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Friday, June 14, 2024 | Back issues
Courthouse News Service Courthouse News Service

‘It’s God’s Money’? Well, it is Now

TAMPA (CN) - The host of the Christian radio show "It's God's Money" drained a couple's Individual Retirement Accounts, plus another $75,000, and blew it all in bogus real estate projects, the couple claim in Hillsborough County Court.

Plaintiffs Larry and Lora Jenkins say they were regular listeners of defendant Gary Gauthier's financial talk show, broadcast Saturday mornings on WTBN.

On his show and in pamphlets he personally gave the Jenkins and other investors, Gauthier presented himself as a "good shepherd" who offered financial advice, estate protection, tax advice, and safe and secure investments.

"The Christian overtones of Gauthier's radio program were intended to, and did, induce plaintiffs and other investors with similar Christian beliefs to contact Gauthier and to retain him and rely on him as a financial advisor," the Jenkins say.

In a December 2007 meeting, the Jenkins say, they told Gauthier they wanted a safe investment that would not risk their principal.

Gauthier told them to liquidate their IRAs and to put all the money - $72,600 - into what he said were "safer investments:" real estate developments by an entity called USA Investments; he was a manager of the company, according to the complaint.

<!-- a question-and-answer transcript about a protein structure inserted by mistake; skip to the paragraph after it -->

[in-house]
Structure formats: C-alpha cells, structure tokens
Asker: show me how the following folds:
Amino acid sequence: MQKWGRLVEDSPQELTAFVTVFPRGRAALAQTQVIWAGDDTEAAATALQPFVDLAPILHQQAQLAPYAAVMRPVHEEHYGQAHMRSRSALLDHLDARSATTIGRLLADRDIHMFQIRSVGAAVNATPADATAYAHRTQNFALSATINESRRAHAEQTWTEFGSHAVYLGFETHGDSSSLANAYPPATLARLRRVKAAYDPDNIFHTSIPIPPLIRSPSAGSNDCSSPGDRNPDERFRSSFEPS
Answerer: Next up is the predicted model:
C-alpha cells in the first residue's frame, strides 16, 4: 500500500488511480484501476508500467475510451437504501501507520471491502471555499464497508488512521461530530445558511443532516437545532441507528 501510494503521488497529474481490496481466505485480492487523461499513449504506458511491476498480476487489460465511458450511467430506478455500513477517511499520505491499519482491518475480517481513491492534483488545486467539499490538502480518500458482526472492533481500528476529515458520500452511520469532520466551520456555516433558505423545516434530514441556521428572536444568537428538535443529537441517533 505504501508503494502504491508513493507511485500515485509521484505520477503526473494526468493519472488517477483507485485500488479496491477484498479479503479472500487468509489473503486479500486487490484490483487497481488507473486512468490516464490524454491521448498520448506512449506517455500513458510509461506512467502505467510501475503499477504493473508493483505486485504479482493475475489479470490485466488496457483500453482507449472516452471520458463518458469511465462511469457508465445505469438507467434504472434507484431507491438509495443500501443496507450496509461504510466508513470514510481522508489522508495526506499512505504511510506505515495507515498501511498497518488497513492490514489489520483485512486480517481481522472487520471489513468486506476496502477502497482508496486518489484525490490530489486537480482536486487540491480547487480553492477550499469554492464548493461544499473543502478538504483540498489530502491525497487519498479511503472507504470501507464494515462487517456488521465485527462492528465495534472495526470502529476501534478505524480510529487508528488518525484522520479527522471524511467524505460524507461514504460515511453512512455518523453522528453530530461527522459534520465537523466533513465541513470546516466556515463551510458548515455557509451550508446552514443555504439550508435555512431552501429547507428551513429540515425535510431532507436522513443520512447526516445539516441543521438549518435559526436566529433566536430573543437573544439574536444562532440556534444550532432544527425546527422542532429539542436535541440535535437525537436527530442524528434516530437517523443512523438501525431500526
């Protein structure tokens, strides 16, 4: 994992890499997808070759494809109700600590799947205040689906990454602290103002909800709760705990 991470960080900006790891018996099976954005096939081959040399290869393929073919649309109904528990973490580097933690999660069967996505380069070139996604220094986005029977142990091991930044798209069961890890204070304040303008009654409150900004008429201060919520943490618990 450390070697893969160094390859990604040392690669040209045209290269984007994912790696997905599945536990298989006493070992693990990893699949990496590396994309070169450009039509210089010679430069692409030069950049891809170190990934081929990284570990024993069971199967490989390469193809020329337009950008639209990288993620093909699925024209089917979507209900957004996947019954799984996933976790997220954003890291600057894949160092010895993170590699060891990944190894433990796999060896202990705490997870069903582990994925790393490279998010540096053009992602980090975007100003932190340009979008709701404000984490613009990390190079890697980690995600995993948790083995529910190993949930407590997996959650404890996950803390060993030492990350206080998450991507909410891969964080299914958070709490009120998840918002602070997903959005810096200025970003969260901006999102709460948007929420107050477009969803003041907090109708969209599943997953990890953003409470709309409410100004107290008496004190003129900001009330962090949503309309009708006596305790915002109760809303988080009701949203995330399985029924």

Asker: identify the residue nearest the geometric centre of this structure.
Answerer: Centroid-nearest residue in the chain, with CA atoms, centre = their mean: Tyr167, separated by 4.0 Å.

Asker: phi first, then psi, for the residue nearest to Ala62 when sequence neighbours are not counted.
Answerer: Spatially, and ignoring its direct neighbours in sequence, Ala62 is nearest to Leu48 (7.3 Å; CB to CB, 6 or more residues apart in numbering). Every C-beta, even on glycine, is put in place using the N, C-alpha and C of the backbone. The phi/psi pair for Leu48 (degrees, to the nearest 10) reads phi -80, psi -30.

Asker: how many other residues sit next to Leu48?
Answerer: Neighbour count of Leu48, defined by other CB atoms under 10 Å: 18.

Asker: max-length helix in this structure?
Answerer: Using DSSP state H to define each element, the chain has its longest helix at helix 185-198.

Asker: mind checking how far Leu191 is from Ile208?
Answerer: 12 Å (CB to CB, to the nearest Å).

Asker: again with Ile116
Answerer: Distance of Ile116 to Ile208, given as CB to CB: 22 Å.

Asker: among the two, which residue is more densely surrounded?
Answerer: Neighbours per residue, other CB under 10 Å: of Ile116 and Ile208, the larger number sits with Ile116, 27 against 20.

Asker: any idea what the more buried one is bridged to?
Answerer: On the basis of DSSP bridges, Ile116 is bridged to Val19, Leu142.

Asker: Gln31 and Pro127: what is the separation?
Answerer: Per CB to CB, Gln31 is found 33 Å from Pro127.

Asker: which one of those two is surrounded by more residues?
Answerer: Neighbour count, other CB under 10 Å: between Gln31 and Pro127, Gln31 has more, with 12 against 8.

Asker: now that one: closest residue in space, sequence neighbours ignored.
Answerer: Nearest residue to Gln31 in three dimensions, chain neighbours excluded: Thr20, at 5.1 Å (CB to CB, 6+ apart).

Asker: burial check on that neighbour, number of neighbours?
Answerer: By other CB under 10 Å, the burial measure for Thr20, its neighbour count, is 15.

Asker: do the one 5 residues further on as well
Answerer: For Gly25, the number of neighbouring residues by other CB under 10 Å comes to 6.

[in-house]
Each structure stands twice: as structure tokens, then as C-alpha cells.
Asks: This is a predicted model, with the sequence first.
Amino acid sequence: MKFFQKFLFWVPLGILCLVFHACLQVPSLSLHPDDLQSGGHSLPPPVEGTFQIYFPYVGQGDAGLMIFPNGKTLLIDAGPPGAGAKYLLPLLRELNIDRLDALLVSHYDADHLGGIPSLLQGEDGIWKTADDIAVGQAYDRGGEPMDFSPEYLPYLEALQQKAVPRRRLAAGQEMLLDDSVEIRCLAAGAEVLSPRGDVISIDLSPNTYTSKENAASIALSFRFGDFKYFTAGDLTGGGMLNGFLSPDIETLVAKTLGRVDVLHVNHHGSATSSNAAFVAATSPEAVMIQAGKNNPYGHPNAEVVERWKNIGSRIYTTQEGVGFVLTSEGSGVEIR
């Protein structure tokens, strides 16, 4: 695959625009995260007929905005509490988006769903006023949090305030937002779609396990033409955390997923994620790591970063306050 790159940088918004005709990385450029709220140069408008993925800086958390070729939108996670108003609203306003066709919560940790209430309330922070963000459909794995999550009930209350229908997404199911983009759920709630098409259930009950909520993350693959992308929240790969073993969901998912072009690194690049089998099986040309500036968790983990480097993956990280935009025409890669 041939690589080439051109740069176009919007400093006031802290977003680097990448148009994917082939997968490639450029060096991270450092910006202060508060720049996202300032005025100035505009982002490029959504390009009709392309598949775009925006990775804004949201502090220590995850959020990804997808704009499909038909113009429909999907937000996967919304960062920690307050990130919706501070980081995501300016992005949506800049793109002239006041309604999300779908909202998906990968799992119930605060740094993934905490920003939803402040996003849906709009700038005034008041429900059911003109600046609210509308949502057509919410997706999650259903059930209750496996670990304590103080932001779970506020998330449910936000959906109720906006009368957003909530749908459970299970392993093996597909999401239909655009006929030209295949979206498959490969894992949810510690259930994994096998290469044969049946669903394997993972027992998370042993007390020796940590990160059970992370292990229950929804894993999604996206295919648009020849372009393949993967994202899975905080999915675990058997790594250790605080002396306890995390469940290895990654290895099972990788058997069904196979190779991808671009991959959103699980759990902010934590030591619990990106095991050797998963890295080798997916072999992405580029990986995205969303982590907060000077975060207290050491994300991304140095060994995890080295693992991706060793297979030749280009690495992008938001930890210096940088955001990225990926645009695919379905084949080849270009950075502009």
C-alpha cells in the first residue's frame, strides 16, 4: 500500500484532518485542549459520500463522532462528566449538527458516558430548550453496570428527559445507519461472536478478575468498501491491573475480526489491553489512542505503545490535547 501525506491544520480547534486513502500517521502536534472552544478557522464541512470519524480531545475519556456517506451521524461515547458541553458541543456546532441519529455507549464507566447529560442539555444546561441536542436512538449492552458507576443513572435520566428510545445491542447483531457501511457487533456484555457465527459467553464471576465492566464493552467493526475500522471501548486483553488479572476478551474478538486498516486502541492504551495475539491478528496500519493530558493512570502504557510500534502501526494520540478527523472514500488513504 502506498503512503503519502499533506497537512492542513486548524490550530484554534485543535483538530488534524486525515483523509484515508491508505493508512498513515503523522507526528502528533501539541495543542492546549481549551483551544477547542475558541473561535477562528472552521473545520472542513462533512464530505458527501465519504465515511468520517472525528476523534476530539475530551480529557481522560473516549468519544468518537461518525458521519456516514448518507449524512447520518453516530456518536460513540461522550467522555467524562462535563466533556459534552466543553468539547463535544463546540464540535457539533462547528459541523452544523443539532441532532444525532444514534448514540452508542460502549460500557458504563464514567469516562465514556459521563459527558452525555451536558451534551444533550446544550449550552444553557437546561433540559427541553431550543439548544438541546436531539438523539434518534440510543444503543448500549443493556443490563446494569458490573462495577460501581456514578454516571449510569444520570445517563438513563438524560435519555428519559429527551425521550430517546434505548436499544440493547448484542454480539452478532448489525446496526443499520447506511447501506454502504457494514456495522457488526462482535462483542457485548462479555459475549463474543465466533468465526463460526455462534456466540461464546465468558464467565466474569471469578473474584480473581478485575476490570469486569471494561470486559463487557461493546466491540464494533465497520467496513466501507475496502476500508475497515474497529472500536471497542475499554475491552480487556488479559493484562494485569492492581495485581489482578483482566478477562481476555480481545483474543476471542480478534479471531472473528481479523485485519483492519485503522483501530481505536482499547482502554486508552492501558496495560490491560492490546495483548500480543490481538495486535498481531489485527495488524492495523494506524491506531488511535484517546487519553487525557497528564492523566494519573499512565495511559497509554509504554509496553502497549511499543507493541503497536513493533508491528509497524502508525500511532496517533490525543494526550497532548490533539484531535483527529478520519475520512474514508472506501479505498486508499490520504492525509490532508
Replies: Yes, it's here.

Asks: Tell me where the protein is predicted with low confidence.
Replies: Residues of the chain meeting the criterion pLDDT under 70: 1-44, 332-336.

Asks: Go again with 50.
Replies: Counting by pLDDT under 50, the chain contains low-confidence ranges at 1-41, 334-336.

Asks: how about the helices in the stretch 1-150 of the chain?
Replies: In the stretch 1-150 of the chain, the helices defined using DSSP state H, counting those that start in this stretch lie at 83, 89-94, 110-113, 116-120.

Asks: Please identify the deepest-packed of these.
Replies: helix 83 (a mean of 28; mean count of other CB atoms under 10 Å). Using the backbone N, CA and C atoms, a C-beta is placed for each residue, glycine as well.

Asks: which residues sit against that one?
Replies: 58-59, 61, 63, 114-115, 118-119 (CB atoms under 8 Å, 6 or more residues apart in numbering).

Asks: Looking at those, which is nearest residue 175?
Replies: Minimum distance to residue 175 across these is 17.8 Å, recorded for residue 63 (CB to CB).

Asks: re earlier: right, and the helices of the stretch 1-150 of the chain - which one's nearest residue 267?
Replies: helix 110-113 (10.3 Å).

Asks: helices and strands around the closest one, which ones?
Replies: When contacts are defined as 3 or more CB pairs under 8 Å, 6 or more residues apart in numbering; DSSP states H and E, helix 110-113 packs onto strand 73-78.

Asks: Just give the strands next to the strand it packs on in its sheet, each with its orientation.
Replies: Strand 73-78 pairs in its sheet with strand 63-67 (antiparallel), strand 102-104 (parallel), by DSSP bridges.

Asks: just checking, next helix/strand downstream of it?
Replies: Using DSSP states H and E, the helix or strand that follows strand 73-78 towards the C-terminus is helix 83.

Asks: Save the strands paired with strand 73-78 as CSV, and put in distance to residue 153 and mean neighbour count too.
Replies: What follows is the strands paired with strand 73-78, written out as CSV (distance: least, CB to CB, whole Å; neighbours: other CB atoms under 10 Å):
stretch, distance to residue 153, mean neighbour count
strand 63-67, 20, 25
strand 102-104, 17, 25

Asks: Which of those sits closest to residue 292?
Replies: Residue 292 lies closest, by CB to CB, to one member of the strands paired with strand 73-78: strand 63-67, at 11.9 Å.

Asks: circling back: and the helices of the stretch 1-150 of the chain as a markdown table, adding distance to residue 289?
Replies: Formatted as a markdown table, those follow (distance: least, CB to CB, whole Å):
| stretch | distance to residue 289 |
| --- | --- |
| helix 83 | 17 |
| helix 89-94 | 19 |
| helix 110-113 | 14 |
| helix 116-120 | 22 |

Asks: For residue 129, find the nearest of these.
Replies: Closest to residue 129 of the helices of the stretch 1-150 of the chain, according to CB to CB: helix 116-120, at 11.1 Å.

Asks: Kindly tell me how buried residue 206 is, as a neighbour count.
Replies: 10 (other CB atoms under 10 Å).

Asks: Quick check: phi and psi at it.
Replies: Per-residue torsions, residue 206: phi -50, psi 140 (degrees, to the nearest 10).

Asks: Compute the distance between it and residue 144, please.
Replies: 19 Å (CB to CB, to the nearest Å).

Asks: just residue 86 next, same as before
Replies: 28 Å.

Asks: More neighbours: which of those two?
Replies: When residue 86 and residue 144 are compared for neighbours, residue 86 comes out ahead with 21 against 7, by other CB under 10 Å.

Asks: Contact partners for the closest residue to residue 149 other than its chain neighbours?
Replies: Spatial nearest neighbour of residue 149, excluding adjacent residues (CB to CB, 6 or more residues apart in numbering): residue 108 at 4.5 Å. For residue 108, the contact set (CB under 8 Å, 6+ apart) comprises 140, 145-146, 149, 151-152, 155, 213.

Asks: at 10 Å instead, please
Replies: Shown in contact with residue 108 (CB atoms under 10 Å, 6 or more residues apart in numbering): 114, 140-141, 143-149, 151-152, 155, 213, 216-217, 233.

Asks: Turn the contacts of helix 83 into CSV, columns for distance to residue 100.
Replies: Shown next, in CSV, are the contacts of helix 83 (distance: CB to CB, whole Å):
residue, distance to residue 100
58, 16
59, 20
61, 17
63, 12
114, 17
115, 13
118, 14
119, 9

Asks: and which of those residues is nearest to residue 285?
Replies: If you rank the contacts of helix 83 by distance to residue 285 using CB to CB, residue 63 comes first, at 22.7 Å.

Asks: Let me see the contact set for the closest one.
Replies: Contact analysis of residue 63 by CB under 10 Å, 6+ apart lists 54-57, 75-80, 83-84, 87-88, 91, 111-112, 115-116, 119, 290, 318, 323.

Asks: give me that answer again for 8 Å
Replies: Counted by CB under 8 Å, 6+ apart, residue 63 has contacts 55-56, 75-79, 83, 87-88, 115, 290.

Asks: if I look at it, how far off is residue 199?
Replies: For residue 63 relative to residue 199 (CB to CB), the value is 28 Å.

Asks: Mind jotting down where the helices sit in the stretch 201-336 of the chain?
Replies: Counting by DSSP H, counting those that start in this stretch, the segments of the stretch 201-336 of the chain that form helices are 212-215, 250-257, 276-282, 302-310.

The Jenkins say Gauthier promised 50 percent annual return, and said he would not get a dime from it until the development projects were sold.

But Gauthier failed to disclose that his insurance license had been suspended in Florida, and that neither USA Investments nor the investments identified in their account statements "were actual real estate development projects or developers, but rather [were] engaged in the purchase or options to purchase single-unit condominiums," the Jenkins say.

After forking over their entire IRAs, Gauthier used the bogus monthly statements he produced to persuade them to give him another $75,000, the couple says.

They say Gauthier was actually gambling their money in illiquid, high-risk LLCs that had no revenue other than other investors' money, and no ability to pay continuing expenses for the condos they bought, including mortgage payments and maintenance fees.

To make the payments, Gauthier and his co-defendants began assessing fees for "administrating" the accounts - sometimes billing them repeatedly for the same month, the Jenkins say.

In March 2009, Gauthier, accompanied by his son, pastor, attorney and others, asked the Jenkins and others to a meeting in Tampa that began with a group prayer. Then Gauthier told them that USA Investments was being reorganized as Gulf West Investment Properties, and he encouraged them to switch their investments from one entity to another, according to the complaint.

All Gauthier's "projects" were funded entirely with borrowed money and the failure to generate revenue increased the risk that expenses would not be met, that the projects would fail, and that the Jenkins would lose their money, the complaint states.

And that's what happened: all their investments have become virtually worthless, the couple says.

They demand punitive damages for securities violations, fraud, misrepresentation, breach of fiduciary duty, conversion, civil theft, conspiracy and negligence.

They are represented by Peter B. King with Wiand Guerra King.

Here are the defendants: Dreslin Financial Services, GLG Magnolia Oaks LLC, Hudson Acres LLC, USA Investments LLC, Waters Edge #1005, Gulf West Investment Properties, Entrust of Tampa Bay LLC, Gary Gauthier, David Dreslin, and Jack Callahan.

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